‘It’s disgusting’: Rock the Park attendees were frustrated by the misconceptions about water refill stations

Rock the Park-goers are frustrated that they can’t bring their own empty reusable water bottles onto the concert grounds, despite there being thirst stations.

Instead, they must purchase a $5 water bottle, which can be refilled at the station for free throughout the night. If they bring reusable bottles, they must check them in with their bags, also at a cost of $5, concert security service told CBC News at the venue.

“Most [concert venues] Just have them dump your bottle when you have something in it, walk through and refill it, but unfortunately they charge for it here,” said Tori Jones, who attended Thursday’s Harris Park concert.

Organizers had the City of London install water refill stations at the weekend’s music festival after being criticized for only offering bottled water that attendees had to buy.

Earlier this month, CBC reported that a 72-year-old volunteer who attended the event walked out in disgust after learning the only source of water would be bottled water, which sells for $5 a piece.

Counter at the front of the venue where guests can drop off their reusable water bottles for $5. (Submitted by Karyn Olsen)

It’s a real safety issue, said Jones and her friend Amy Pickering, both of whom are first aid trained.

“I’d much rather come to an event where I’m safe and don’t have to worry about my surroundings,” she said. “It puts pressure on us when we see something [happening]we’re in charge now too, so it’s ruining our night as well.”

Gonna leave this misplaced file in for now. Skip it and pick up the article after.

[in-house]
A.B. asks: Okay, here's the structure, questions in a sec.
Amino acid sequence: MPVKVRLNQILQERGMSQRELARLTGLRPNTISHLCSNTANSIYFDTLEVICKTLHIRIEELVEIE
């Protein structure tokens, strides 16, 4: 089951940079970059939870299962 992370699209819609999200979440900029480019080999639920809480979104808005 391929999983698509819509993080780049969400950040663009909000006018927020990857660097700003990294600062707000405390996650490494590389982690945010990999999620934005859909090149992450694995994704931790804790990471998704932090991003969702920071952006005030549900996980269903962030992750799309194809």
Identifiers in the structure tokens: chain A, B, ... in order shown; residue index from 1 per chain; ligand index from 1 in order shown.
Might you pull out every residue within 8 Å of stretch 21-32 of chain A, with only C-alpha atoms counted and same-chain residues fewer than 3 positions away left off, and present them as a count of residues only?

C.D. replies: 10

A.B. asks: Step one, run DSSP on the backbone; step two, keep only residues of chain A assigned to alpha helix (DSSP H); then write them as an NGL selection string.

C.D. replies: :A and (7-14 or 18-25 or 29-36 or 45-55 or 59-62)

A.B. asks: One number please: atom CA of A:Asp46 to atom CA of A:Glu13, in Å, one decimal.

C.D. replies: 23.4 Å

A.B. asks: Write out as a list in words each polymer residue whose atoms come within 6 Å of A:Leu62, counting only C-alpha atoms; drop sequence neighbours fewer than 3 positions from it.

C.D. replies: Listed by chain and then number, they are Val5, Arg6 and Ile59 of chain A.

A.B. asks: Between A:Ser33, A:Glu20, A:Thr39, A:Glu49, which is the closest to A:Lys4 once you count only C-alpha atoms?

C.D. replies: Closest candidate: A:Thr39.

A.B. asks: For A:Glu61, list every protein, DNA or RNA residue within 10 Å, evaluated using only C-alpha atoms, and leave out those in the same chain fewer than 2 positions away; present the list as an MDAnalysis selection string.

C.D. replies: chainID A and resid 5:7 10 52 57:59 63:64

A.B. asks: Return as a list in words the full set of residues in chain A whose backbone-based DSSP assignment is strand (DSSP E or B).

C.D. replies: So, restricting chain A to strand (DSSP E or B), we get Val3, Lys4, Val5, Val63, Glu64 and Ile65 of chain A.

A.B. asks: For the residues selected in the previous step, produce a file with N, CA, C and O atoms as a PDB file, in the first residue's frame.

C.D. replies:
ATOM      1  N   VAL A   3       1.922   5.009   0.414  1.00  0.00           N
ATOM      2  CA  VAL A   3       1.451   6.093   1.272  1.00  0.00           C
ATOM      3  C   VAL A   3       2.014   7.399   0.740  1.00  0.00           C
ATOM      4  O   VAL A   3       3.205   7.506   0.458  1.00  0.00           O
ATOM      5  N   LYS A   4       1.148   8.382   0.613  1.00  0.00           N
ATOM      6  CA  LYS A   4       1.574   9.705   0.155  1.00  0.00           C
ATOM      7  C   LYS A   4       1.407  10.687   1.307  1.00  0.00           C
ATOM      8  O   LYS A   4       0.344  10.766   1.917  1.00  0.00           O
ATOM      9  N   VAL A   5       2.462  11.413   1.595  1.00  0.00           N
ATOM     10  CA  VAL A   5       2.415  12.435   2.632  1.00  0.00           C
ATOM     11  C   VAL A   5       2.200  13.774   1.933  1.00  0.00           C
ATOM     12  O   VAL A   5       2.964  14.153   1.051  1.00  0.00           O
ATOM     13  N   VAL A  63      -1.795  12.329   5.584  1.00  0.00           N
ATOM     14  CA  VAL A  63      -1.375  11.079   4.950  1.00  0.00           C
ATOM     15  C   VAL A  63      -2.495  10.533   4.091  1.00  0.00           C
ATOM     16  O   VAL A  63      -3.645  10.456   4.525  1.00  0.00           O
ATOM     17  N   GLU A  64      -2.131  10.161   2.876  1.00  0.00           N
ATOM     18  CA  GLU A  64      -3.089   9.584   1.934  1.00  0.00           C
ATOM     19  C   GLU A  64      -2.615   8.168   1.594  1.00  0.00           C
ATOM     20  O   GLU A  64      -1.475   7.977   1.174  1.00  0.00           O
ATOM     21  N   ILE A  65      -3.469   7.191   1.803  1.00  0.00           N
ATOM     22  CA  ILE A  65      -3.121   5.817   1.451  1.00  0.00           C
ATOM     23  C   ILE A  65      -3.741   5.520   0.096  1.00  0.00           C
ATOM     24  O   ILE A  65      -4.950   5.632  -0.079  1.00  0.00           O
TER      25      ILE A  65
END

Emma Dillon, who was at the concert on Wednesday, told CBC News that anyone wanting to buy water has to stand in the same line where they would buy alcoholic drink tickets.

“We saw a couple of food trucks there and everyone we asked if they sold water, the answer was no. There was only one place to get water,” she said.

A glass of tap water was also not available from any of the vendors, and no one directed them to a refill station, Dillon said. “I just found it a bit off-putting.”

‘That’s rude’

Visitors had to get rid of their food and drinks from outside before entering the concert. (Isha Bhargava/CBC)

Karyn Olsen, who attended Wednesday’s concert, also said there were no signs making it clear where the water stations were. Olsen didn’t drink any water at the event and waited until she got home, she said.

Olsen brought her own empty reusable water bottle, which she wasn’t allowed to bring, and it was really disappointing, she added.

“It was just really shocking and sad. There’s also an environmental issue when they sell bottles that everyone recycles at the end of the night when we could all just have brought our own,” she said.

After reading CBC’s original story, city council candidate Sam Trosow asked the city to lift the ban on bringing refillable water bottles to the event because the venue is a public space.

“This is outrageous and goes against the spirit of a public park that people have to leave their bottles in the control area. That’s the worst kind of profiteering,” he said.

Getting people to empty their water bottles to prove they don’t contain alcohol or illegal substances makes perfect sense, but making people pay for water is ridiculous, Trosow said, comparing the protocol to what airports do at do security checks.

“If you go to an event that you know isn’t necessarily well prepared, you have to ask yourself why you would come back,” Jones said.

CBC News tried to contact the event’s organizers, Jones Entertainment Group, on Thursday, but they didn’t respond to requests for comment.

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